Photo from Lincoln Center

Memories of Murder takes place in 1986 and follows a murder case in South Korea that is based on true events. Detectives Park (Song Kang-ho) and Seo (Kim Sang-kyung) take different approaches in their investigation, but they must come together in order to find the elusive killer.

This is one of the earlier works from Oscar winning director, Bong Joon-ho. Here, Joon-ho already shows what an outstanding director he is. Though the film can be a slow-burn at times, he keeps the viewer guessing and on edge on what’s to come as this cold case unfolds.

The crime thriller genre has turned into quite a phenomenon nowadays especially with an increase of serial killer documentary shows. I almost feel like I’ve seen it all when it comes to crime thrillers, but Memories of Murder stands out with its story structure and characters.

I was really impressed with Seo’s character arc in the film. He is a detective brought in from the city of Seoul. He is portrayed as more intelligent than the other two detectives and also has more of a moral center. However as the investigation continues and eventually grows fruitless, you see how desperate and hopeless he becomes, and it’s truly quite heartbreaking.

Park, on the other hand, is aggressive and quick to judge. At first, he doesn’t care to look deeper at a suspect and, along with Detective Cho (Kim Roe-ha), is willing to torture their suspects in order to get confessions. He and Detective Seo butt heads a lot, but Seo challenges him to think harder and to stop being so rash. And it’s a testament to Song Kang-ho that he is able to make a cruel character on the page seem so likable.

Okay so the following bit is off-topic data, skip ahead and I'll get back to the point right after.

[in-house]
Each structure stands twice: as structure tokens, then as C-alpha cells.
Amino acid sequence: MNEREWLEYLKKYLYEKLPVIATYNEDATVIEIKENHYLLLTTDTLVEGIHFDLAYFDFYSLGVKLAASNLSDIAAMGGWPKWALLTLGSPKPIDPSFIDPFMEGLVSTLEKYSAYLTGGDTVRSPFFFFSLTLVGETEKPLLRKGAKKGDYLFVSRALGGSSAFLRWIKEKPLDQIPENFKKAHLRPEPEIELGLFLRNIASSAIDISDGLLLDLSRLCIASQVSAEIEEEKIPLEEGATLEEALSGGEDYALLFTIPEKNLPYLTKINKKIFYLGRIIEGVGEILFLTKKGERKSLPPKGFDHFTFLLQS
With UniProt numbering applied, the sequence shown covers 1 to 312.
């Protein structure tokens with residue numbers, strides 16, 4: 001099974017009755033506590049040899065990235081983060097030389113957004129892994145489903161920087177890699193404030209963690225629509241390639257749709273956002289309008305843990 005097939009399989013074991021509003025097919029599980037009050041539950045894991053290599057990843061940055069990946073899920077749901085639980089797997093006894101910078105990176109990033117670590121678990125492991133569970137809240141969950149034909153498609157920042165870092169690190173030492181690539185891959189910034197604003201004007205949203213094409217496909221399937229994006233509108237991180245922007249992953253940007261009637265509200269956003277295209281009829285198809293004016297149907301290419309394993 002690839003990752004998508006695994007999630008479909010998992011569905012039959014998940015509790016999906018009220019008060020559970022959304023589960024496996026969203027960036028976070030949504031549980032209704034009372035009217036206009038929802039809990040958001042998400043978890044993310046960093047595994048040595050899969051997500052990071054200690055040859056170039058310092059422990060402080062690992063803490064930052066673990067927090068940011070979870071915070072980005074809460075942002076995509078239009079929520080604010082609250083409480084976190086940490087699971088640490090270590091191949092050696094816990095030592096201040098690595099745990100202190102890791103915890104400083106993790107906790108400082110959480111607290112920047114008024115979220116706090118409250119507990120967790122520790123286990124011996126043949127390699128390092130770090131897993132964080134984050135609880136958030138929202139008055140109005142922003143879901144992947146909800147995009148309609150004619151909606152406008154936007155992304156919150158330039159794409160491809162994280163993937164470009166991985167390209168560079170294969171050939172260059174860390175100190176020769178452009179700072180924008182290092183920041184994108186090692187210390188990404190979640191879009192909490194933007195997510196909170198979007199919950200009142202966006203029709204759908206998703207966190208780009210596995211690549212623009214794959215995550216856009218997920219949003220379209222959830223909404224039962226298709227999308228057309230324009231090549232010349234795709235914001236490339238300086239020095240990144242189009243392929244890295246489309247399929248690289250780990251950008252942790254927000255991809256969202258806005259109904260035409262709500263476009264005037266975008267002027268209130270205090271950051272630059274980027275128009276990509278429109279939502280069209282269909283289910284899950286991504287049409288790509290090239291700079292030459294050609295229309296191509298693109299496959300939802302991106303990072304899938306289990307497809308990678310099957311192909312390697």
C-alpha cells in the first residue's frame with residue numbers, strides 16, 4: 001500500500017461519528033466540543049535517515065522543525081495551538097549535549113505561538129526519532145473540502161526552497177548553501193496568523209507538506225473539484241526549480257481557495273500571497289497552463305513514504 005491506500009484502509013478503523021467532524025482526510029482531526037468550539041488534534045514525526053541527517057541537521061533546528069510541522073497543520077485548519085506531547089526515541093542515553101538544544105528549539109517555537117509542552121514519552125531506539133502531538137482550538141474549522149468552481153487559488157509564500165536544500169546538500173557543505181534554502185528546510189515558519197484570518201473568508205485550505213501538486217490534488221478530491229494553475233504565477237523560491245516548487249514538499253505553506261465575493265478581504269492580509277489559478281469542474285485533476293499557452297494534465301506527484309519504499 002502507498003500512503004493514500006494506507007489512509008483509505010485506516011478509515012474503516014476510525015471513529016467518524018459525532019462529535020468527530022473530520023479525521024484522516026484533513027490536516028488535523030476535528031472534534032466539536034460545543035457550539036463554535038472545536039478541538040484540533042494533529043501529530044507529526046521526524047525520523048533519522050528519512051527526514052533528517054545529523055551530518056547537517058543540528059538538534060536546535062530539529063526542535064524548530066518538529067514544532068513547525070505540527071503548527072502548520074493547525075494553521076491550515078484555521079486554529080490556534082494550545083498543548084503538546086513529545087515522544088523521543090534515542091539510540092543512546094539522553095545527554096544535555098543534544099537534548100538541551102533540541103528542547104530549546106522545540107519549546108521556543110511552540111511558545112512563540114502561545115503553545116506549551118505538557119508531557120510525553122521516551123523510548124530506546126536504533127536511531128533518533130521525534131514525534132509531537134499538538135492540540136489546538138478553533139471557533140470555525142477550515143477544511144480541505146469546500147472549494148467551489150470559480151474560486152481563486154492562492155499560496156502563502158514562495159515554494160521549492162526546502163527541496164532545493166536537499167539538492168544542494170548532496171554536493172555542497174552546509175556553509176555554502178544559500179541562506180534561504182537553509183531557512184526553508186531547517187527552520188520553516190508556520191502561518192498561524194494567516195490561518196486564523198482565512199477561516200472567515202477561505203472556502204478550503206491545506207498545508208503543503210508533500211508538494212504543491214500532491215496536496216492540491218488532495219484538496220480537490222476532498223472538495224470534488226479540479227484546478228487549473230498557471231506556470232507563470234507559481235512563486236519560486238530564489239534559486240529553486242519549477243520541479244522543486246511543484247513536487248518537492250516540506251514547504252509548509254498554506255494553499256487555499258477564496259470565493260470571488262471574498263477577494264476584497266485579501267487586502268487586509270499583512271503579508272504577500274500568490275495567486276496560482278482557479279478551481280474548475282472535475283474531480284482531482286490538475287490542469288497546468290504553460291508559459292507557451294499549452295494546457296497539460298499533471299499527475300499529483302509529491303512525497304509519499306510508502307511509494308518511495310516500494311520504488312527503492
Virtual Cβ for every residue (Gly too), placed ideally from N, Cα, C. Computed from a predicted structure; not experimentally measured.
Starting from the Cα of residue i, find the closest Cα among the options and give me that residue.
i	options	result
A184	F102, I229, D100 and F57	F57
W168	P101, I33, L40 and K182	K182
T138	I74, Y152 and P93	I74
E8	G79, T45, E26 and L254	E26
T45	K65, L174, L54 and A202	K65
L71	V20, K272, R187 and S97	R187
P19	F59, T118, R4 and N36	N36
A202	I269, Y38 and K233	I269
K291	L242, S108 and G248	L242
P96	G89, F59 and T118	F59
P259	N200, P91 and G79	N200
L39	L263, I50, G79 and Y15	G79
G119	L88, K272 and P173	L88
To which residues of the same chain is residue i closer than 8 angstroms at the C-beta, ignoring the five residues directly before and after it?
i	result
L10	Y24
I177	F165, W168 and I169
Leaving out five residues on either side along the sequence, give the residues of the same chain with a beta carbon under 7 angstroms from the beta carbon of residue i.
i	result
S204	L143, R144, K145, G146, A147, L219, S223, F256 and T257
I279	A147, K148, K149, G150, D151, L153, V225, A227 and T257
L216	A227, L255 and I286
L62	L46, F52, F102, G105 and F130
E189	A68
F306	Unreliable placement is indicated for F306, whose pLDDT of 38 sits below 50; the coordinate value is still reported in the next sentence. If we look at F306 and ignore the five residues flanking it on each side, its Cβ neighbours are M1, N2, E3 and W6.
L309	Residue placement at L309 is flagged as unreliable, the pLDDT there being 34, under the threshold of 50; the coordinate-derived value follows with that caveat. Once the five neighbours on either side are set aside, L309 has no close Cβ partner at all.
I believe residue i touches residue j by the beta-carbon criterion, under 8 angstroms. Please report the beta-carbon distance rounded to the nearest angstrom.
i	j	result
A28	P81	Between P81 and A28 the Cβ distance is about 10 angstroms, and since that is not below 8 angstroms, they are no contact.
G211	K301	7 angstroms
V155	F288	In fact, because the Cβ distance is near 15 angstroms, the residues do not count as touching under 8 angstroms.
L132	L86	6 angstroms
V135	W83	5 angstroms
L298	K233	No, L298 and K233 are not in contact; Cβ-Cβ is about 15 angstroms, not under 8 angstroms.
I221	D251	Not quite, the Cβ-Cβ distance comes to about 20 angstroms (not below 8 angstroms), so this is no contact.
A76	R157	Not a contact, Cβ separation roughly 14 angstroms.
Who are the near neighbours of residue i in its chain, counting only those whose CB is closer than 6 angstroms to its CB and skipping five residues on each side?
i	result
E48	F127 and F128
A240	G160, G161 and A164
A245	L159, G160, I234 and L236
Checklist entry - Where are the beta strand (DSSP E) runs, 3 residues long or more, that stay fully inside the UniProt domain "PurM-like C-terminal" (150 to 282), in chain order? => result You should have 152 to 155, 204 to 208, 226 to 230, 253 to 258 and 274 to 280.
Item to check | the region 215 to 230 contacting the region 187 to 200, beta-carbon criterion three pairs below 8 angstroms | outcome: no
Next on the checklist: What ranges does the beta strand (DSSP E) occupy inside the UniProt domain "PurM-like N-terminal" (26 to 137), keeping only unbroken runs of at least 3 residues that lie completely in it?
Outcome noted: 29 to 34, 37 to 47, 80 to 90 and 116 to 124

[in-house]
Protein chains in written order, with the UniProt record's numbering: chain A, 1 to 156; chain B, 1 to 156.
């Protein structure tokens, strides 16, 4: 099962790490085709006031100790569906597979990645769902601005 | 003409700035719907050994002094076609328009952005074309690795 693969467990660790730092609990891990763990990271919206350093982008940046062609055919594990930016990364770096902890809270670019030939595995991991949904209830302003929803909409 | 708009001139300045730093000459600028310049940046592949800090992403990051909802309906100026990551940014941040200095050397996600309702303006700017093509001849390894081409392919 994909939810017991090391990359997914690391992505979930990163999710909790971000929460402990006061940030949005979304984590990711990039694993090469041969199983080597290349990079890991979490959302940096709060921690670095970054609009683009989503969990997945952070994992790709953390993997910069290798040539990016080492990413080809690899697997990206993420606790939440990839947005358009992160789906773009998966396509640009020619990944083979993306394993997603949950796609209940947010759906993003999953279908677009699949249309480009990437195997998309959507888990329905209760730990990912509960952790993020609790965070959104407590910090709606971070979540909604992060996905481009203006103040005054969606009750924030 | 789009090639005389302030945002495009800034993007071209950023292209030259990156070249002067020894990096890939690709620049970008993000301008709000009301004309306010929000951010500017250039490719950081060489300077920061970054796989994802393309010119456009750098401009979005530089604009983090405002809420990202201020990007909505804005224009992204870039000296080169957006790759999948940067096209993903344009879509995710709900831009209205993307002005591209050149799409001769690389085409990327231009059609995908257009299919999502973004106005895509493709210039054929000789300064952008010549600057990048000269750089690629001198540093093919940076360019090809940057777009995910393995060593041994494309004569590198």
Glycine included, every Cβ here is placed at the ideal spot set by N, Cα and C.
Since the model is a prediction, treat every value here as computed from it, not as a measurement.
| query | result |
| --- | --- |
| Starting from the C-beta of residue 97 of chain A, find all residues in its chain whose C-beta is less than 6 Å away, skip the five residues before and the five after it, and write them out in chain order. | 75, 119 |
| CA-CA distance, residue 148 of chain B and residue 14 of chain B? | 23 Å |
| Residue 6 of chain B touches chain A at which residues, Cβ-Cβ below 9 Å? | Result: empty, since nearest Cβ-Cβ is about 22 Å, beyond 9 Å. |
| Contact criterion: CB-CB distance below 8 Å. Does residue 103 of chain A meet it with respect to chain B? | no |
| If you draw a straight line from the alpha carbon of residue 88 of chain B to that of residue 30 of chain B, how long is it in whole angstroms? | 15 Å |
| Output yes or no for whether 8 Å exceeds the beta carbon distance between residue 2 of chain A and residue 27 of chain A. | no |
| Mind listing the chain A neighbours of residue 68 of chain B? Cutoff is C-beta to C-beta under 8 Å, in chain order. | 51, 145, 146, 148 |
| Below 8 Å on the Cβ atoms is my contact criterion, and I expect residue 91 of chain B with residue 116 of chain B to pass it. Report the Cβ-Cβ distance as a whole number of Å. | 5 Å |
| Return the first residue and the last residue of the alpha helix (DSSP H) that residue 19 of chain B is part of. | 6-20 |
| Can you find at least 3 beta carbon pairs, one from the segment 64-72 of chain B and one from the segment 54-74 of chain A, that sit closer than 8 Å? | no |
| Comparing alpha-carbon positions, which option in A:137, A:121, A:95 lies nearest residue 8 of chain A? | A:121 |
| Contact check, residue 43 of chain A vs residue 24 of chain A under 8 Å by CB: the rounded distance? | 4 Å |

The police brutality aspect in the movie also helped make it stand out. I haven’t ever really thought about police brutality happening in other countries like South Korea before. It shows just how desperate they were to catch this serial killer, but it also shows how inhumane and in the wrong the police were. The police in that area were shown to be incompetent in the film, as they couldn’t keep pedestrians or reporters from interfering with the crime scenes. It calls into question if the police resorted to this method in order to show that they should be taken seriously and it astounds me that they were able to get away with it for so long in the film.

Memories of Murder reminds me of David Fincher’s Zodiac a lot, not only because Joon-ho himself compared the two films, but because of the way the story unfolds itself. Both have memorable characters, dark themes, beautiful shots, expert direction, a haunting script, and a sense of unease that stays with you throughout the film.

Overall, Bong Joon-ho’s second feature was just as compelling and gripping as the other features from him that I’ve seen. Memories of Murder is a film that has stayed with me, though not as much as Snowpiercer or Parasite did with their commentary on class. However, if you’re a fan of the crime thriller genre, I’d say that Memories of Murder is a must watch.

I give Memories of Murder an A.

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